Political sources indicate that the presidential secretariat began preparing for new elections at least as far back as January this year, when a tight circle of consultants gathered to discuss the feasibility of dissolving parliament. But it took three presidential decrees and an eventual political compromise in May to set a firm election date.

Twenty parties and coalitions have registered their candidates' lists with the Central Election Commission. These include the usual smattering of temporary, minor business alliances, as well as a "Kuchma Bloc." In an indication of how low expectations have sunk in the wake of a Orange Revolution run aground, a Kyiv graffito urges former President Leonid Kuchma, "Danylich – Come Back!"

Two established parties are unlikely to do well in the voting. The Socialists may not even top the 3-percent cutoff to enter parliament, and the Communists, currently rejoicing at the woes of their former adherent, now Socialist leader Oleksandr Moroz, may not do much better.

The real battle will take place between the Party of Regions, headed by Yanukovych, the Our Ukraine – National Self-Defense coalition supported by Yushchenko and Yulia Tymoshenko's eponymous bloc.


The Party of Regions is feeling confident, and for good reason. They are polling at 36–38 percent, a marked improvement over their 32 percent result in the 2006 election. The party is pushing its main theme of dependability in the retro style of the former "red" directors from the Soviet period who are key supporters.

The party's campaign chief, Boris Kolesnikov, has said that Regions would seek a national referendum on Ukraine's possible entry into NATO and on elevating Russian to a state language, on a par with Ukrainian. These initiatives are aimed against the pro-Western Yushchenko and designed to consolidate support from Ukraine's eastern, Russian-speaking regions.

Prime Minister Yanukovych
Yanukovych's personal slogan – "What Yanukovych says, he does" – harks back to Kuchma's main theme in his race for the presidency in 1994, when serving President Leonid Kravchuk was lampooned as "all words," while Kuchma was the "man of action."

As in the Kuchma-Kravchuk race, which Kuchma unexpectedly won, Yanukovych is playing on voters' disenchantment with the serving president. In 2004, just before the Orange Revolution, Yushchenko ran for the office proclaiming "Not with words, but with action." But two years of Yushchenko's presidency and his passivity, detachment, and inefficacy have turned away voters.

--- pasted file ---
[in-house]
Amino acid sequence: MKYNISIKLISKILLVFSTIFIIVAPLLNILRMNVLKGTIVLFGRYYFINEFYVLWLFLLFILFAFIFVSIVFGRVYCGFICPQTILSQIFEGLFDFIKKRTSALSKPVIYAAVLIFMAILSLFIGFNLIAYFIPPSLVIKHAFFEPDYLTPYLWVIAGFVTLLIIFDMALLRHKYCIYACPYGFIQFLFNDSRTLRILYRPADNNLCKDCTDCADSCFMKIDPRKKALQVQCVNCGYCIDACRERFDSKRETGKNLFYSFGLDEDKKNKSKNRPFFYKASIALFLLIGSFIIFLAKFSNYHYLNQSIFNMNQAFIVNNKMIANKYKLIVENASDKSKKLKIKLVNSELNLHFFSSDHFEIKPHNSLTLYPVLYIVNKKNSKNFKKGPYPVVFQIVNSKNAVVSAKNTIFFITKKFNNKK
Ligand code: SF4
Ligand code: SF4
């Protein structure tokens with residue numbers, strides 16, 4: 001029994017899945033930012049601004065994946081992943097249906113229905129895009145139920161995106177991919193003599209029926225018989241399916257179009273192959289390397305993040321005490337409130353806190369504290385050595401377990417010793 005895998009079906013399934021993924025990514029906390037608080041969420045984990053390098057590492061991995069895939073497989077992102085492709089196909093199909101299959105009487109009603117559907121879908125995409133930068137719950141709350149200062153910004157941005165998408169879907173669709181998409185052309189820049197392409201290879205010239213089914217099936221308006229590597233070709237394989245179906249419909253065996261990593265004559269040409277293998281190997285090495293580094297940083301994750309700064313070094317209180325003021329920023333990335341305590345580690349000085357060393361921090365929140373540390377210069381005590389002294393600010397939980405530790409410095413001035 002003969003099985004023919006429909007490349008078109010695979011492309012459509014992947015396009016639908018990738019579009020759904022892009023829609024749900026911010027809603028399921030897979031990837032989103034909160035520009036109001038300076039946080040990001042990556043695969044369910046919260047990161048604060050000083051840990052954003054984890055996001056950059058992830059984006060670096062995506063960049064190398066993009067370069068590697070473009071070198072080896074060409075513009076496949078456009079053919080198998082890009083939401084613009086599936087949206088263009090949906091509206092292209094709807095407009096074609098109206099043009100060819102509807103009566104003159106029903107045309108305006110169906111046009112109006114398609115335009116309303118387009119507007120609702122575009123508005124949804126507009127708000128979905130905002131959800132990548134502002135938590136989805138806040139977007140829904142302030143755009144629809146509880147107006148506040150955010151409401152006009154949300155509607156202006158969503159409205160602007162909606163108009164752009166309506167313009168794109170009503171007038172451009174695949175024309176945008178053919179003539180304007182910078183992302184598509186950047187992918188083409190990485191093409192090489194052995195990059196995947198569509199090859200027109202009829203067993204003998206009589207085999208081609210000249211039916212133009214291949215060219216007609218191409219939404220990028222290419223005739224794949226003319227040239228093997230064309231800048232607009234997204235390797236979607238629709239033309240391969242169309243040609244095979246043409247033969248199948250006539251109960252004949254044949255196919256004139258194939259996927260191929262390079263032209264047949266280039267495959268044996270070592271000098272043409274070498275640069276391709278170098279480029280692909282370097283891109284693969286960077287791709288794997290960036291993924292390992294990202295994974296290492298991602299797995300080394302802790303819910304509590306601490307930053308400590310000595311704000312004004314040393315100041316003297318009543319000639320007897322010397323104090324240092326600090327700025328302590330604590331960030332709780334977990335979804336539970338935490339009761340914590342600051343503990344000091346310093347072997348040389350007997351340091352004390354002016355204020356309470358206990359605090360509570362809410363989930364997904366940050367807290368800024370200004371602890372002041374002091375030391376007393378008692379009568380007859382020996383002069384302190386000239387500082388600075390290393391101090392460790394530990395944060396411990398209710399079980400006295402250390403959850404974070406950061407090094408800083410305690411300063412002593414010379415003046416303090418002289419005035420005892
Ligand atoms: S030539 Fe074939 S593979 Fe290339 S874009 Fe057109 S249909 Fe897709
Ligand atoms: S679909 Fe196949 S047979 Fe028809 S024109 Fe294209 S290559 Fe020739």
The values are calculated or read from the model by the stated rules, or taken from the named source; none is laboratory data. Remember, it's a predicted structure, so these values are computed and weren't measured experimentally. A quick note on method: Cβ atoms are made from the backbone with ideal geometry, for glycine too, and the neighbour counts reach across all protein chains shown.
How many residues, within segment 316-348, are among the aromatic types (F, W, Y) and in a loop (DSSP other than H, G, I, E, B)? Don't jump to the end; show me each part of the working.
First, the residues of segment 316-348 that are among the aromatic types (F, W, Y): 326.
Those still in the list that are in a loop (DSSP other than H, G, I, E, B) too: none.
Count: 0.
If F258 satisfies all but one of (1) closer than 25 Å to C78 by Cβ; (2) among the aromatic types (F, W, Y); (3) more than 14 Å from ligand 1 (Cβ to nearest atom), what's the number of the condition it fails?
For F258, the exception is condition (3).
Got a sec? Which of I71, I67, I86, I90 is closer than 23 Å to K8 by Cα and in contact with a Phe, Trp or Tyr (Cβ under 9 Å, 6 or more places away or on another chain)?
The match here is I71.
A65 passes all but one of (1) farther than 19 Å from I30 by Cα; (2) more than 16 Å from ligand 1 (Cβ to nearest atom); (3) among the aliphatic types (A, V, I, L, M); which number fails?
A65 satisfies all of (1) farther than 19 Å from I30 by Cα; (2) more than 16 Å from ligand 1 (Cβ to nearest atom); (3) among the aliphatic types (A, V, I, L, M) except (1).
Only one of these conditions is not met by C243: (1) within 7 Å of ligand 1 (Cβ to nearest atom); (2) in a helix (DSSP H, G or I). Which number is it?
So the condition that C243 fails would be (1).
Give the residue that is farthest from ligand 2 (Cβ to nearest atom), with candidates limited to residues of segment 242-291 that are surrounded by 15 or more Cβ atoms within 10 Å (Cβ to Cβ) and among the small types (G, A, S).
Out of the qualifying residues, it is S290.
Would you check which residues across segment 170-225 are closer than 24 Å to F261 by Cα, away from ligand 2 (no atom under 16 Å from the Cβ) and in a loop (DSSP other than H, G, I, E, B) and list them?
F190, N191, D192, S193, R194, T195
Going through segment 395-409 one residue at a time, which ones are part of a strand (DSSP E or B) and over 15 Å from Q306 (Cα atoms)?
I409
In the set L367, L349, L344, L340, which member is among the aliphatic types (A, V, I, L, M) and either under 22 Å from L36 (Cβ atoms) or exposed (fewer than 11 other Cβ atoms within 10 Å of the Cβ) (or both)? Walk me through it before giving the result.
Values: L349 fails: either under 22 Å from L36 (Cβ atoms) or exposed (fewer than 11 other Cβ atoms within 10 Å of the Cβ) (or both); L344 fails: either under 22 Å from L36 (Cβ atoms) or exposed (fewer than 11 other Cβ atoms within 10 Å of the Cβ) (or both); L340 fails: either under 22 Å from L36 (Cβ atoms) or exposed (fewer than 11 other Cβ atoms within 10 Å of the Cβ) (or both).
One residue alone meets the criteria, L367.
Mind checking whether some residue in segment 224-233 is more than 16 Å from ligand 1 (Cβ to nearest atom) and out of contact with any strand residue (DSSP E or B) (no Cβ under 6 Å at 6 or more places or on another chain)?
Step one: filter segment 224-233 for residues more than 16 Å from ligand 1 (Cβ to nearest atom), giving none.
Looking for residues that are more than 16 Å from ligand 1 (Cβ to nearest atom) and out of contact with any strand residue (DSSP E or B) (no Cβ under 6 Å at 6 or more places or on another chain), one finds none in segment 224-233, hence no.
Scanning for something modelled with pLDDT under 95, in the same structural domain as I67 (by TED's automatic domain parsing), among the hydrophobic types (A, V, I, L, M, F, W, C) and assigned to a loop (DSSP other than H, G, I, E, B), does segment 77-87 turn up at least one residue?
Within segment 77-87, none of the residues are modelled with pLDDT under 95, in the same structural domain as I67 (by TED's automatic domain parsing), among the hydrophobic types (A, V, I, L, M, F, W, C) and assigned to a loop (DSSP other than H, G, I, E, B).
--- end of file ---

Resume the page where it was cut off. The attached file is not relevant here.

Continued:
Yushchenko's supporters have gathered in a coalition which largely repeats the format in which they ran in March 2006. Now, however, their bloc is dominated by Yuriy Lutsenko, Number 1 on the bloc electoral list and a politician who has built his political career largely on his animosity, amply returned, towards the Party of Regions.

Lutsenko's anti-Regions strategy has allowed him to fill a political niche thus far dominated by Tymoshenko. However, his personal poll ratings, currently hovering at 6–8 percent, may not be enough to lift the Our Ukraine coalition much higher than their dismal result of 14 percent last year. Nor has the way he meekly entered Yanukovych's government just weeks after publicly declaring he would never do so boosted his reputation as scourge of the Party of Regions.


Tymoshenko, however, remains Ukraine's premier opposition politician.

Yulia Tymoshenko greeting her supporters at an election rally.

In March 2006 the Tymoshenko Bloc won 22 percent of the vote and this time around her results are likely to improve slightly, but based on the numbers of people who dislike her hard-headed style – her negative ratings have consistently been the highest among Ukraine's national politicians – Tymoshenko may have reached the upper limit of supporters she can win over.

Tymoshenko's message is simple: give me another shot at running the country from the prime minister's office. The problem with this scenario, however, is that most people were not very impressed with her first time around, when a meat crisis was followed by a gasoline crisis and privatized enterprises were slated for nationalization.

Tymoshenko's main problem, however, is not so much the election as the intentions of Yushchenko and his closest allies. The role that will be played in post-election coalition talks by Viktor Baloha, the powerful head of the presidential secretariat, will be crucial. Rumors abound that Baloha himself is interested in the post of prime minister. Though such an eventuality is somewhat far-fetched, Baloha will be very reluctant to see in the job given her track record as a solo rather than team player.